So, one can make adjustments to the actual fixed gear hub? This is quite interesting. If that is so, can you simply stop at the side of the road to do that? I can see this as a great way to train, and improve fitness, like you mentioned.
many fixed gear hubs have a cog each side, so you can flip the wheel giving a different ratio if you are knackered. Or one side could be a freewheel. It’s not something to casually do on the way to work though.
 

Ian H

I am an ancient randonneur, & I stop often for tea
Location
East Devon
On the fixed wheel bike you have a single cog on the back wheel, in the UK these do not usually have a freewheel on it, but logically there is no reason not to other than it breaks the ethos of a 'Fixxie' You would choose your single gear when building the bike to suit your needs, you could then change this at a later date but it's a stripdown & rebuild, not whilst riding scenerio.
If it has a freewheel, it isn't a fixed-wheel. Two different things.
 
OP
Rockn Robin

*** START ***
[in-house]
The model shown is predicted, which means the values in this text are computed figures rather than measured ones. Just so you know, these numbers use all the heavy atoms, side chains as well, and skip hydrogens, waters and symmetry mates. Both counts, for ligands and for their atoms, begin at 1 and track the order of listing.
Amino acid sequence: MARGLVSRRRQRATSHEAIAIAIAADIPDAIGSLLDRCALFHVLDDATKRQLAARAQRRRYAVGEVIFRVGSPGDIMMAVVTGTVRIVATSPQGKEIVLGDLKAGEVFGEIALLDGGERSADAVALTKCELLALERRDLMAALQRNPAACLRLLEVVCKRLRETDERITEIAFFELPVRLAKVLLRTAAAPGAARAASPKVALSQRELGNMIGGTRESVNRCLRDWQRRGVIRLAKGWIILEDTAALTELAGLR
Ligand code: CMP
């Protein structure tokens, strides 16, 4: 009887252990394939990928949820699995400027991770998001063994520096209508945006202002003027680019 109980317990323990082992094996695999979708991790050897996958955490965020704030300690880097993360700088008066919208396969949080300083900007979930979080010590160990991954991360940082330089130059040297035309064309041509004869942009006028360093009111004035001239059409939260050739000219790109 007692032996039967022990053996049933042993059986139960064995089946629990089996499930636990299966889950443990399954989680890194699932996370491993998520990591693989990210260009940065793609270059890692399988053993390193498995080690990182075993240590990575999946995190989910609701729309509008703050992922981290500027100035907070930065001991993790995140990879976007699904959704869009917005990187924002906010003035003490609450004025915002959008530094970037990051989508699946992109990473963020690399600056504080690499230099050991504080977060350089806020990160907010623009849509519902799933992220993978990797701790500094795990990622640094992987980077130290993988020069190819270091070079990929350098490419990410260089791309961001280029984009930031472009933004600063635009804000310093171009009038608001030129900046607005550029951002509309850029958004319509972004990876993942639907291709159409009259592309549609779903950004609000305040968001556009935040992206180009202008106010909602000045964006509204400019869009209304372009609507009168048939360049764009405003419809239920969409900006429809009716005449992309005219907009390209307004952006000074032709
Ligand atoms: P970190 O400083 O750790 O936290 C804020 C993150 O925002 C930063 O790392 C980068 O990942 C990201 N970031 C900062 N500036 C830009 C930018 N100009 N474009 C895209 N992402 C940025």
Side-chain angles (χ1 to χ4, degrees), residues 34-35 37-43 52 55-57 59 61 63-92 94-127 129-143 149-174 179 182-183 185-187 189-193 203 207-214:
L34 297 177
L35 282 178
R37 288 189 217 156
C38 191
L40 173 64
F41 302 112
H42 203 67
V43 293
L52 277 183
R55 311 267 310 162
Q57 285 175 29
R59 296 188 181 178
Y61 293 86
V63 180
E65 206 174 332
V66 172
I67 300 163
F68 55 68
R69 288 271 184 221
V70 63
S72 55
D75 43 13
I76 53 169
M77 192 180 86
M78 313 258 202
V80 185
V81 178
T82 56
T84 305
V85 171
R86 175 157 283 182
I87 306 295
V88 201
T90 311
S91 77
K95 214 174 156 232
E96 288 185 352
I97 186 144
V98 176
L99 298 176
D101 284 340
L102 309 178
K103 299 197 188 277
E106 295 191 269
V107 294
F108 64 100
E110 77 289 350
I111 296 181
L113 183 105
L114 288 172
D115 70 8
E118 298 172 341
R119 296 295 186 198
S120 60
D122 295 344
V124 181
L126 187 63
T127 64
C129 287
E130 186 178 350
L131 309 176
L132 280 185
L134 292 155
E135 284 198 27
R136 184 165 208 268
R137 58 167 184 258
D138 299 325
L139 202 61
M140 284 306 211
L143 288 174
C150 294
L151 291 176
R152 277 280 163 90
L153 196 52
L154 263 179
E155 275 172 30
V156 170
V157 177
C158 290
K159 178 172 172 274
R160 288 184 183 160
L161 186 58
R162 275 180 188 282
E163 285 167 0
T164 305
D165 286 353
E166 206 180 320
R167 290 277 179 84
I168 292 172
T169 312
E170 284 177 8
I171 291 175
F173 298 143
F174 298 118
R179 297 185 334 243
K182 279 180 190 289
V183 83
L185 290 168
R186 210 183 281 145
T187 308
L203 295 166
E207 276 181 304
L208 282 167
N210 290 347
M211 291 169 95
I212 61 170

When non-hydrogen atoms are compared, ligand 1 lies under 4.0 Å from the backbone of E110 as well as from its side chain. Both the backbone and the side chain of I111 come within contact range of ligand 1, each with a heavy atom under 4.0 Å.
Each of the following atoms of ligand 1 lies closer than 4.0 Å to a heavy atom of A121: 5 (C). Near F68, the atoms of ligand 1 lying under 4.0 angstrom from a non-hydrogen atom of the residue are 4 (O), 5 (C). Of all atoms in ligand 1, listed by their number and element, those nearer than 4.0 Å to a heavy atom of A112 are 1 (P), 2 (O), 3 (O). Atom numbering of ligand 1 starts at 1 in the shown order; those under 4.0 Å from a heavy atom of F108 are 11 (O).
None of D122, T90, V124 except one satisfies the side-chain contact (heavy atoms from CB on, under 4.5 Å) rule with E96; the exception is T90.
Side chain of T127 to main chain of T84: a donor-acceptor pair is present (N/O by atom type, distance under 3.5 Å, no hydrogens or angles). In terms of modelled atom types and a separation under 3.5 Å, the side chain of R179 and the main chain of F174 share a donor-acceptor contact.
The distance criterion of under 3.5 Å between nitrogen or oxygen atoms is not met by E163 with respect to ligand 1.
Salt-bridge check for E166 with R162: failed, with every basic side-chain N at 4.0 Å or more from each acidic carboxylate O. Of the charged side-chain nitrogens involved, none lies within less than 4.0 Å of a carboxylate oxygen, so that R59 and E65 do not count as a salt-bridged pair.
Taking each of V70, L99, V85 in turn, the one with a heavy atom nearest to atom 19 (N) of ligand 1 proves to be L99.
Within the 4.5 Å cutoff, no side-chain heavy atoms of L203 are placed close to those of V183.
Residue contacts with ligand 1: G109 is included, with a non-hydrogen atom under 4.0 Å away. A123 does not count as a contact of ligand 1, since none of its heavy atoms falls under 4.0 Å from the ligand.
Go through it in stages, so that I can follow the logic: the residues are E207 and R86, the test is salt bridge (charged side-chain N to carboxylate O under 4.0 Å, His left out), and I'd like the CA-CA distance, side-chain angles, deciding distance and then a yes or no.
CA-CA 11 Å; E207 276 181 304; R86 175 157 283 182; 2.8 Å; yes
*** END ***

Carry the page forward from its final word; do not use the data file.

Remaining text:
Rockn Robin

Senior Member
Location
Arizona
Heavy and inefficient. The last thing a racer wants is to waste precious watts in an inefficient drive train. Just as the last thing a heavy duty utility cyclist or a tourer in the middle of nowhere wants is the headache of repeated maintenance and component wear/failure on a fancy derailleur setup.
I’ve watched a few documentary videos of people cycling around the world, and spending time either maintaining or replacing their derailleurs. I can see where that 14 speed hub would be the right choice for touring.
 

Phaeton

Grumpy Old Barstool
Location
Oop North (ish)
I’ve watched a few documentary videos of people cycling around the world, and spending time either maintaining or replacing their derailleurs. I can see where that 14 speed hub would be the right choice for touring.
Each to their own, I personally think 'Fixies' are pointless, but some people like then, they seem themselves a strange sense of kudos, but then again I'm an old overweight middle aged no nothing who hasn't the fitness to ride one very far.
 

simongt

Über Member
Location
Norwich
On the subject of fixies, saw another one yesterday with no brakes at all. The rider must have a incomprehensible faith in his own ability to stop in an emergency.
Hmm.
 

simongt

Über Member
Location
Norwich
Indeed.It's ALMOST worth stepping out in front of him so you can sue the a**e of him for riding an illegal bike on Mrs Windsor's highway - ! :rofl:
 

normgow

Veteran
Location
Germany
many fixed gear hubs have a cog each side, so you can flip the wheel giving a different ratio if you are knackered. Or one side could be a freewheel. It’s not something to casually do on the way to work though.